The Graph to the left illustrates these approximations, with l on the x-axis and h(l) on the y-axis. Eq. 6 appears in red and Eq. 7 in blue. In this example, the radius R of the ball is an arbitrary number that is (I stress) very large relative to l. Notice that for small values of l, Eq. 6 and Eq. 7 are indistinguishable. It is only once l starts to become a decent percentage of R that Eq. 7 becomes markedly more accurate than Eq. 6. When R= 5000, as it does in this graph, Eq. 7 becomes noticeably more accurate than Eq. 6 when l ≈ 150, or roughly 3% of R. At this point, Eq. 6 outputs 30827.651, while the more accurate Eq. 7 outputs 30833.653, a difference of 6.002. Also, as one can see the approximations climb quickly from l=0. This steep ascent means that even small values of l output large values for h(l), or, even small amounts of extra slack yield large increases in maximum height.

On the scale of the Earth, there is a decent margin of error in measurements: the earth is not a perfect sphere, ropes stretch with strain, objects expand and contract with heat. The result is that these approximations are far more accurate and precise than our measurements can ever be.

Why It's Interesting

Though it may seem that this is minuscule amount of extra rope needed to to produce such a considerable result, a look at the ratios will show otherwise.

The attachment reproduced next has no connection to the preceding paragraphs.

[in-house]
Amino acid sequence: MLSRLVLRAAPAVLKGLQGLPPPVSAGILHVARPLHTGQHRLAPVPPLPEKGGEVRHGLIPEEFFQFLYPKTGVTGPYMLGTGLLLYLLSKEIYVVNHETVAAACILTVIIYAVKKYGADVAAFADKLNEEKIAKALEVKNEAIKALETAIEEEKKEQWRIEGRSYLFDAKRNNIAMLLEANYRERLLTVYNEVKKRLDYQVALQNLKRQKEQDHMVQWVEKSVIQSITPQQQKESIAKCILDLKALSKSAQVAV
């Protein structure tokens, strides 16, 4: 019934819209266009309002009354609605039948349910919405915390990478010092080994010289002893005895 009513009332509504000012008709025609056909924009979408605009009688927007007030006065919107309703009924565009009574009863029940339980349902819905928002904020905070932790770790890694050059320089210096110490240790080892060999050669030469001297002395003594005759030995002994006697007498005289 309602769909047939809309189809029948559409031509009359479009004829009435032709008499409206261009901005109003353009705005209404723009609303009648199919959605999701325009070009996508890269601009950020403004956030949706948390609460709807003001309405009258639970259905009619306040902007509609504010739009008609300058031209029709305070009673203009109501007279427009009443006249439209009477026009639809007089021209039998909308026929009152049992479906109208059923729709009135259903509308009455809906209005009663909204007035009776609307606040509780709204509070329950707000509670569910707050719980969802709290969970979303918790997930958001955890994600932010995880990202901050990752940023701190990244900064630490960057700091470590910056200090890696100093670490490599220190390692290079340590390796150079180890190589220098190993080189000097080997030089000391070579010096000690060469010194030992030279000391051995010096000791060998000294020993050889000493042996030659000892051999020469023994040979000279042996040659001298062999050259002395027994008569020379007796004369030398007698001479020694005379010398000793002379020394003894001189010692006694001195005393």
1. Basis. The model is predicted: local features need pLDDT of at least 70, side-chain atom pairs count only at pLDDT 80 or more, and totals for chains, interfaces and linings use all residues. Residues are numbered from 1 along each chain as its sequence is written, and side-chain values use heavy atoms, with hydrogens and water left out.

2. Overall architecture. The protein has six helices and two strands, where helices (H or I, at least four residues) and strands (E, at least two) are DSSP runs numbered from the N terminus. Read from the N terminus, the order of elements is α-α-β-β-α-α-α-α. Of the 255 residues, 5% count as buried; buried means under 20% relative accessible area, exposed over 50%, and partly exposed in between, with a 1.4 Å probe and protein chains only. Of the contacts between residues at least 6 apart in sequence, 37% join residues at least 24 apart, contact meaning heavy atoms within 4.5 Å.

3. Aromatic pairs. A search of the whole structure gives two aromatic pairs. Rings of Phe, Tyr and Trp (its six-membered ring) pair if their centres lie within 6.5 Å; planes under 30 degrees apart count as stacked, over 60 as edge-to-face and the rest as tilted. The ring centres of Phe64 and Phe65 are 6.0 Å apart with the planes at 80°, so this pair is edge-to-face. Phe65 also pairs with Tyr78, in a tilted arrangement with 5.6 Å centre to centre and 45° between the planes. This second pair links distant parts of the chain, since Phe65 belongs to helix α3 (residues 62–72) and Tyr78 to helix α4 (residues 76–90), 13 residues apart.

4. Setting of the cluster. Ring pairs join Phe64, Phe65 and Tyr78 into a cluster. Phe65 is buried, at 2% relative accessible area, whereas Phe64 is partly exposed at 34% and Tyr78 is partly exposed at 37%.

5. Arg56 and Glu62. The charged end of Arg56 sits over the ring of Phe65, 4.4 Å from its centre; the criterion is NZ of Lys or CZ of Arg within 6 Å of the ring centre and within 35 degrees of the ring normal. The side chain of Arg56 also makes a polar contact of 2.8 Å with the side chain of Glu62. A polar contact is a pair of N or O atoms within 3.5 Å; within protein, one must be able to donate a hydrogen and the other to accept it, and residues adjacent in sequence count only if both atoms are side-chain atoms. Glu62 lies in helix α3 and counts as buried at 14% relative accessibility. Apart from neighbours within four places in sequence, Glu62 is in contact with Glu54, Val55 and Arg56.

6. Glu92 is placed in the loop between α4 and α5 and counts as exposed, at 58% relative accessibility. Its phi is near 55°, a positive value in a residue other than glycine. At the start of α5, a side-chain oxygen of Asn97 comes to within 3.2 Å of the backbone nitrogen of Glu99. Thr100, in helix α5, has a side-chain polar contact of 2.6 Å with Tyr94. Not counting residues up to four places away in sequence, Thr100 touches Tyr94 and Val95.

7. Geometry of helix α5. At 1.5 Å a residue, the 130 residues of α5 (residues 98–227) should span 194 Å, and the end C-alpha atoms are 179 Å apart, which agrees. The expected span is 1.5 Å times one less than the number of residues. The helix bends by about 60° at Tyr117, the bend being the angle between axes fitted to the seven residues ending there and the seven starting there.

The radius of the Earth is roughly 20,920,000 feet. There is 1 foot of difference between the radius of the circle made by the lengthened rope and the radius of the Earth. This foot of difference is a mere fraction of the radius of the Earth: about five one-hundred millionths, or .000000047, of the Earth's radius. A foot doesn't seem so large anymore.

Similarly, 2 π feet is 4.7 x 10-8 of the circumference of the Earth (which is about 131,000,000 feet). And, unsurprisingly, the ratio of 1 foot to the Earth's radius is the same as that of 2 π feet to the Earth's circumference.

So, in this perspective, a small change in the length of the rope yields a proportionally equivalent small change in the radius of the rope circle.

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  • Pickover, C. A. (2009). The Math Book. New York: Sterling Publishing Co.
  • (2009, March 3). Roping the Earth. Message posted to: